Crumbling sidewalk outside Vancouver’s Canada Place part of larger problem: councillor

Click to play video: 'Sidewalk at Canada Place in state of disrepair'
Sidewalk at Canada Place in state of disrepair
More than three decades after Canada Place was built and a decade after the 2010 Olympics, the sidewalk outside the Vancouver landmark is crumbling. As Jill Bennett reports, some are also calling it dangerous – Feb 15, 2020

For more than three decades, Canada Place has been a key welcome mat for visitors to Vancouver — but now that mat is starting to crumble.

Outside the waterfront landmark where cruise ships dock and international conventions are regularly held, the sidewalk is in a state of disrepair, with pedestrians tripping on the cracks and rubble. There are even areas where water regularly pools.

The area is especially hazardous for people in wheelchairs.

“Last week alone I was spit out of my chair a couple of times, and landed on my butt,” a man who only identified himself as James told Global News, adding he’s seen the walk deteriorate over the past two years.

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“It’s pretty dangerous. I’m surprised no one has gotten hurt.”

Vancouver Coun. Sarah Kirby-Yung says seeing the broken tiles and pieces of rubble strewn around the sidewalk was concerning, but not surprising.

“This isn’t an isolated incident,” she said. “We see a number of sidewalk issues across the city. I hear a lot about it from residents and visitors, and it’s a basic service from the city.”

Click to play video: 'Residents in Kelowna are raising concerns about sidewalk safety'
Residents in Kelowna are raising concerns about sidewalk safety

Back in October, Kirby-Yung introduced a motion pointing out the poor condition of many sidewalks throughout Vancouver, asking staff to make repairing those walkways a priority.

“In recent years,” the motion reads, “the people who live and work in Vancouver, as well as visitors to our city, have noted and openly commented on a significant decline in the physical state and cleanliness of our city, offering up and reporting on numerous examples such as streets with potholes, overgrown street medians, and neglected sidewalks that represent a variety of safety hazards.”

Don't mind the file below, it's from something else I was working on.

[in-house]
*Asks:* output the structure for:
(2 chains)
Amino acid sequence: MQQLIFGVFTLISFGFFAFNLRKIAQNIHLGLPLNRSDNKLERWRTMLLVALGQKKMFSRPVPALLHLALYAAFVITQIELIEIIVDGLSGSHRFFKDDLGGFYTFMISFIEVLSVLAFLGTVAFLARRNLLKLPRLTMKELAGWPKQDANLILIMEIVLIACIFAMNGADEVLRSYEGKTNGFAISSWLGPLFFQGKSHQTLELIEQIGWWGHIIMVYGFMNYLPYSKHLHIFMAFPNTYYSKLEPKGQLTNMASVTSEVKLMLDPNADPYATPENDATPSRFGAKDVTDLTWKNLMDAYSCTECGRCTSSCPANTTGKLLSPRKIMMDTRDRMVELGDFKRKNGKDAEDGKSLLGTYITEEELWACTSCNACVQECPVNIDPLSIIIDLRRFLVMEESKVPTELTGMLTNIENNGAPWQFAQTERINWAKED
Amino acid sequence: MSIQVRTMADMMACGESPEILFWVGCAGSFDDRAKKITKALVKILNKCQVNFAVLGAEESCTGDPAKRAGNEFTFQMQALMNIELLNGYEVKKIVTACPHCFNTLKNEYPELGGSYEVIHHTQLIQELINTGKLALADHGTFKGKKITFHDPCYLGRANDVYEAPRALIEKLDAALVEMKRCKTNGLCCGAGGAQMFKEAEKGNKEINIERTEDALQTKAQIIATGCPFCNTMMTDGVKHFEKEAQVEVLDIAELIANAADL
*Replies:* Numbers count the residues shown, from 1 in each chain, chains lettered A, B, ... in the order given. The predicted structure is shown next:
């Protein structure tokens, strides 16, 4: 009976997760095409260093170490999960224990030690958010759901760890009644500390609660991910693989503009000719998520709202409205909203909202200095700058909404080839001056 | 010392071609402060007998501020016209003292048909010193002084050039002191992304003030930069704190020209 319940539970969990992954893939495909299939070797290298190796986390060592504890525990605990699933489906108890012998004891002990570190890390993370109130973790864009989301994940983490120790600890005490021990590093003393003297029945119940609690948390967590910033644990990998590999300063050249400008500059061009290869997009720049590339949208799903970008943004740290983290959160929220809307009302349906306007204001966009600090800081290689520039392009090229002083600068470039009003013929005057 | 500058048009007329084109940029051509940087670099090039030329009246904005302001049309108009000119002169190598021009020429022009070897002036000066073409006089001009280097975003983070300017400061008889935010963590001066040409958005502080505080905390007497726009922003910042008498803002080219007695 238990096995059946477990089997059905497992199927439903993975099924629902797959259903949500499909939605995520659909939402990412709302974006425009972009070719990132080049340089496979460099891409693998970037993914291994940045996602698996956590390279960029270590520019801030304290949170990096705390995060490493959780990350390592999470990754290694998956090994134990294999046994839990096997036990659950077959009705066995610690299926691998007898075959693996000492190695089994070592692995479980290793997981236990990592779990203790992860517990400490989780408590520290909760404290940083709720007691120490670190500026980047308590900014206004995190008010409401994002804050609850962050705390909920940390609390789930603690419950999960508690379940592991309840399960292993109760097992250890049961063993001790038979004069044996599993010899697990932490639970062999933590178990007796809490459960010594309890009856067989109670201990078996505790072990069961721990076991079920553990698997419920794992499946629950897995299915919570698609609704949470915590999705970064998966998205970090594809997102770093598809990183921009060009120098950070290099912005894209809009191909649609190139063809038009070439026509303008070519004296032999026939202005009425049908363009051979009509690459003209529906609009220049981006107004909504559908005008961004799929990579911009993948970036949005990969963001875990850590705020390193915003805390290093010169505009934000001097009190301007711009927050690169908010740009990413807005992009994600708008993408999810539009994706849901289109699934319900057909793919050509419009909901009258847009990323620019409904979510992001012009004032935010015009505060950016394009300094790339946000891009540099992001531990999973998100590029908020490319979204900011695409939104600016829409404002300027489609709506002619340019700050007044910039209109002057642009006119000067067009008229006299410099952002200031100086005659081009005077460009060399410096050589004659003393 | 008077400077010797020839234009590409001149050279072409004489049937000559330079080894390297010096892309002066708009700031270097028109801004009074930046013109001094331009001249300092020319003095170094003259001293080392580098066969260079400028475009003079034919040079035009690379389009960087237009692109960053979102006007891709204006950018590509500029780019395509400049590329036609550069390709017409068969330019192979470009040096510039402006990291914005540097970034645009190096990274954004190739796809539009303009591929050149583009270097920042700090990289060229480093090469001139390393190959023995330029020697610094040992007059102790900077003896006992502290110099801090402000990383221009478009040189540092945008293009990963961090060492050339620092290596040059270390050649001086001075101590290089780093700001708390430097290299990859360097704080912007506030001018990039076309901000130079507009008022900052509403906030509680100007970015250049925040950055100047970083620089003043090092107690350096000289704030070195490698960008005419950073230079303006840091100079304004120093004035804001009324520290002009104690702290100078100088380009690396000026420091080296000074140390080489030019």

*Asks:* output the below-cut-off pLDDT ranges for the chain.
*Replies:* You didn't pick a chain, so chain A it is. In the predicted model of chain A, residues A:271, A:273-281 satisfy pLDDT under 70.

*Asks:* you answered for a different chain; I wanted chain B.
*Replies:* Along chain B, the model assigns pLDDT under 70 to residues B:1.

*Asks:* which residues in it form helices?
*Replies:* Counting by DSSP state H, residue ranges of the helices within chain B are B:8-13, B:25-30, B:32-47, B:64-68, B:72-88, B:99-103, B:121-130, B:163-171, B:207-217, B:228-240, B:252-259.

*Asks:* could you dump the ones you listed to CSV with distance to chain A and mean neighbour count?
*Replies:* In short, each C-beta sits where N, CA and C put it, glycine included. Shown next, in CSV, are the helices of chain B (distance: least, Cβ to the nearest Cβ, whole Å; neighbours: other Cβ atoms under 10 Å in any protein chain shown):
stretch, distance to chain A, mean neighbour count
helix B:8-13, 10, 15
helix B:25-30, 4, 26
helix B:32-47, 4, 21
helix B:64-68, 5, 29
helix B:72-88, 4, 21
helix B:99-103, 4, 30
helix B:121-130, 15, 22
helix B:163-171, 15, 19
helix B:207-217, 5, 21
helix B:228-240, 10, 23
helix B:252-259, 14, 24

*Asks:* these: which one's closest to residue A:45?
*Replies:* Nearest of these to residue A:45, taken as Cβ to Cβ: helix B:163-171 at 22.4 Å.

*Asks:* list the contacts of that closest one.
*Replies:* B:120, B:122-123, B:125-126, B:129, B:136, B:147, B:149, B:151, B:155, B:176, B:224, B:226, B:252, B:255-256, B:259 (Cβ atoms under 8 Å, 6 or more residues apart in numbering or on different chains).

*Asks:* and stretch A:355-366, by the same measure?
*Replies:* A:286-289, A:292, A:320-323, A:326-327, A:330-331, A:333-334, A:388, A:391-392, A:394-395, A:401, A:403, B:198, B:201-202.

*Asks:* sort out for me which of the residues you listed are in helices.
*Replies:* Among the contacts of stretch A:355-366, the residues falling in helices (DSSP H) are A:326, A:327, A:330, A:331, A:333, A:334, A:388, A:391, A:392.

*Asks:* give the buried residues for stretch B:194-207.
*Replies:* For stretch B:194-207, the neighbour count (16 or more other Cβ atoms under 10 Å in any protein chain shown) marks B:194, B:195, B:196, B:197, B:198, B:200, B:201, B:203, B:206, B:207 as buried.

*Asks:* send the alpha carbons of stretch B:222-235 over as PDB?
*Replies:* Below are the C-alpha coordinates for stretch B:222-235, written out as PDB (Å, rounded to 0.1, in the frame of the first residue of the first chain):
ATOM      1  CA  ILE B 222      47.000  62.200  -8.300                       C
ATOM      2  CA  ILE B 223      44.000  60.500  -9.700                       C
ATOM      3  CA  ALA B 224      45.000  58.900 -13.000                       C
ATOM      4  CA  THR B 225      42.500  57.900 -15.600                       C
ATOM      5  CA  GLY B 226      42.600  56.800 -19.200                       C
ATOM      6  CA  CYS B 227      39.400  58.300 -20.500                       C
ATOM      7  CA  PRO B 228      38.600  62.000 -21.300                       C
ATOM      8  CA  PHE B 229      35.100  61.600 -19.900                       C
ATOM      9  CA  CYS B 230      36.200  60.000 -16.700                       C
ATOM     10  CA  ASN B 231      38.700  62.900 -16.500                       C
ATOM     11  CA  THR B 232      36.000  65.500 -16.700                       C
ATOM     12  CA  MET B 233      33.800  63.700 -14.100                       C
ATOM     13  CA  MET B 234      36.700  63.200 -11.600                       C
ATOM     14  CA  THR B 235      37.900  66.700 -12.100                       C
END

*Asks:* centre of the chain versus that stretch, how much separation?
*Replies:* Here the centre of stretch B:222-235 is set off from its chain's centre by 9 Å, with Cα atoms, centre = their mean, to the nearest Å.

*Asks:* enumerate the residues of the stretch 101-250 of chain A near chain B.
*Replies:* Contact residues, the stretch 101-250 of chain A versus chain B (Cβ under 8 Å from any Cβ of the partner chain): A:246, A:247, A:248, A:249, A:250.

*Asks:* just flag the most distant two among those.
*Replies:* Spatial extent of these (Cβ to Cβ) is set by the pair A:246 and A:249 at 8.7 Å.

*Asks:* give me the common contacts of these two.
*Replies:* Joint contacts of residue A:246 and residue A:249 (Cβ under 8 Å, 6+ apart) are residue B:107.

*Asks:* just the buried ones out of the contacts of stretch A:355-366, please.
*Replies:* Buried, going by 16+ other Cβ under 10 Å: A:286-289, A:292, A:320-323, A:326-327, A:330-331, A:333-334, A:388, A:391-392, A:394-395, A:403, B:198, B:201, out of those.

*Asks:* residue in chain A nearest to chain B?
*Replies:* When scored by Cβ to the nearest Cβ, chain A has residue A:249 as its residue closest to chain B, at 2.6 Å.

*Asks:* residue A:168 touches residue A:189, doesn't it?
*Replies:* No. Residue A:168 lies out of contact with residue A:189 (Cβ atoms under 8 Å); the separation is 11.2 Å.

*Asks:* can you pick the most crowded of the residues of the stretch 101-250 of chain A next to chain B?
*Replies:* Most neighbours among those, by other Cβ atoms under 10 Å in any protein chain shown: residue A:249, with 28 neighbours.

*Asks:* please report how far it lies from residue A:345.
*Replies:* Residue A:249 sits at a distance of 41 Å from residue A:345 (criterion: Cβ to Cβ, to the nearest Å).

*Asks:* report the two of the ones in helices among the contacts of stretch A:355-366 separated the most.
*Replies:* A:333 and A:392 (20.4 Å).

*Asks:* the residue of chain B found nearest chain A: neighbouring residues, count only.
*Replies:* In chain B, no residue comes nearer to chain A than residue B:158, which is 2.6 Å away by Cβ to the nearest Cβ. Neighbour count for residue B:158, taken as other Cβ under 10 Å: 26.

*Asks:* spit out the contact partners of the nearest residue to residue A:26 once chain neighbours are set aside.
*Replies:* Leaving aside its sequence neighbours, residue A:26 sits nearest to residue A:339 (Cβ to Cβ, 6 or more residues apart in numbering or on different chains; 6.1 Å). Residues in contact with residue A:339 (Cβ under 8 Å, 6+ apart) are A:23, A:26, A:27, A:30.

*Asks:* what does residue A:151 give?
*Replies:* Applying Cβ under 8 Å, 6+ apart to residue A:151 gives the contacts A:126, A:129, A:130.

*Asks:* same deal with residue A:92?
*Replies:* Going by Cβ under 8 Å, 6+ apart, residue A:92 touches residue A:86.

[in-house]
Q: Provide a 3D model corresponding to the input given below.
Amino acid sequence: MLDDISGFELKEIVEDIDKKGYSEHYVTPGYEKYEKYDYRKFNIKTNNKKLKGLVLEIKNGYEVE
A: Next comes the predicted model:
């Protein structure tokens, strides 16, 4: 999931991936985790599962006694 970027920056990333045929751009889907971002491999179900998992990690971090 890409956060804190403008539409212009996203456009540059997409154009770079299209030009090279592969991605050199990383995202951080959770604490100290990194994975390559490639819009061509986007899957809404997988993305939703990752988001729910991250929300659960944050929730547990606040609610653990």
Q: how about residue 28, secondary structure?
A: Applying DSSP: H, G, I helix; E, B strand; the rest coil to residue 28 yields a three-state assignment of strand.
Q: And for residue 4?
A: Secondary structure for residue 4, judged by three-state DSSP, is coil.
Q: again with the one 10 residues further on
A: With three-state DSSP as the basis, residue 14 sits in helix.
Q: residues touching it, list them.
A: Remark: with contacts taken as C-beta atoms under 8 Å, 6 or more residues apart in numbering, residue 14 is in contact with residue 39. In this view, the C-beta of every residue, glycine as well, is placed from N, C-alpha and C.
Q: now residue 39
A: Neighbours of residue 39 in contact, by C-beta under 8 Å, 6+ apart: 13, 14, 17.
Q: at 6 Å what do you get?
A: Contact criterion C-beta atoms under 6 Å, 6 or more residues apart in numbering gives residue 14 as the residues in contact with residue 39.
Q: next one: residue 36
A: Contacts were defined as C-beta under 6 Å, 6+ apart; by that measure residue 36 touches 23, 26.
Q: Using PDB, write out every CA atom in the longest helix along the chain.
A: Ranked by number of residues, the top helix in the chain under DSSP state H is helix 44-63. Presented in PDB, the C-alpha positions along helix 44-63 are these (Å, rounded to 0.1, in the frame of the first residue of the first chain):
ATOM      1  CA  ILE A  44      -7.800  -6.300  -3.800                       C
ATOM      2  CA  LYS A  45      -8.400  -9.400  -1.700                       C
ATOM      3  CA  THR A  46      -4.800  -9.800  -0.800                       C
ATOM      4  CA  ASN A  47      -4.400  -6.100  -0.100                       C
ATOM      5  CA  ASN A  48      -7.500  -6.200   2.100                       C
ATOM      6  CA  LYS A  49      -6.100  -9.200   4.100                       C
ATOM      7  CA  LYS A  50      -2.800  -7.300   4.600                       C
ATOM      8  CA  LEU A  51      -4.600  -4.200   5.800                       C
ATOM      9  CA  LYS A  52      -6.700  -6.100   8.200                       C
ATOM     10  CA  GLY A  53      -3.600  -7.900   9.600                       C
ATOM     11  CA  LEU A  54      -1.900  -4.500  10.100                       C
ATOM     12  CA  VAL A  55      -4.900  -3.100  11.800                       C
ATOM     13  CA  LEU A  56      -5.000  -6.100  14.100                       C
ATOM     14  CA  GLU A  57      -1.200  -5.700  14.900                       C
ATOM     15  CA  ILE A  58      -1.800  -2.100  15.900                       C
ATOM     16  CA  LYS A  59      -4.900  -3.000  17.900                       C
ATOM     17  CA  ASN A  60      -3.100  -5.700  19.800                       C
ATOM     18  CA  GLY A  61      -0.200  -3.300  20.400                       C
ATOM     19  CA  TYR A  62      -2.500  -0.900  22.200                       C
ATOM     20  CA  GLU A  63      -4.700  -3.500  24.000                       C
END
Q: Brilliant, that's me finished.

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The motion asked staff to “elevate the priority” of sidewalk and street maintenance and to include language in the 2020 budget committing resources towards that goal.

The motion was unanimously adopted by council, and the 2020 budget ultimately included $1.4 million for sidewalk rehabilitation.

But no movement appears to have been made on the issue, which Kirby-Yung says could be due to misplaced priorities.

“It’s been really tough to get this council to focus on those basics,” she said.

“I don’t know if it’s because they’re more excited about the bigger, global issues, but at heart we are a city, local council and it’s our job to take care of things that take care of people’s daily lives.”

Some effort has been made to patch some of the holes outside Canada Place, but the fixes haven’t been permanent enough to remove the hazard.

Kirby-Yung says more money needs to be reallocated to address the problem.

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“Bottom line is it comes down to the budget and what we spend out money on,” she said. “There is nothing more important than taking care of the basics.”

The city encourages people who notice an issue with a sidewalk to use the VanConnect app or call 3-1-1 for urgent, safety-related issues.

—With files from Jill Bennett and Jordan Armstrong

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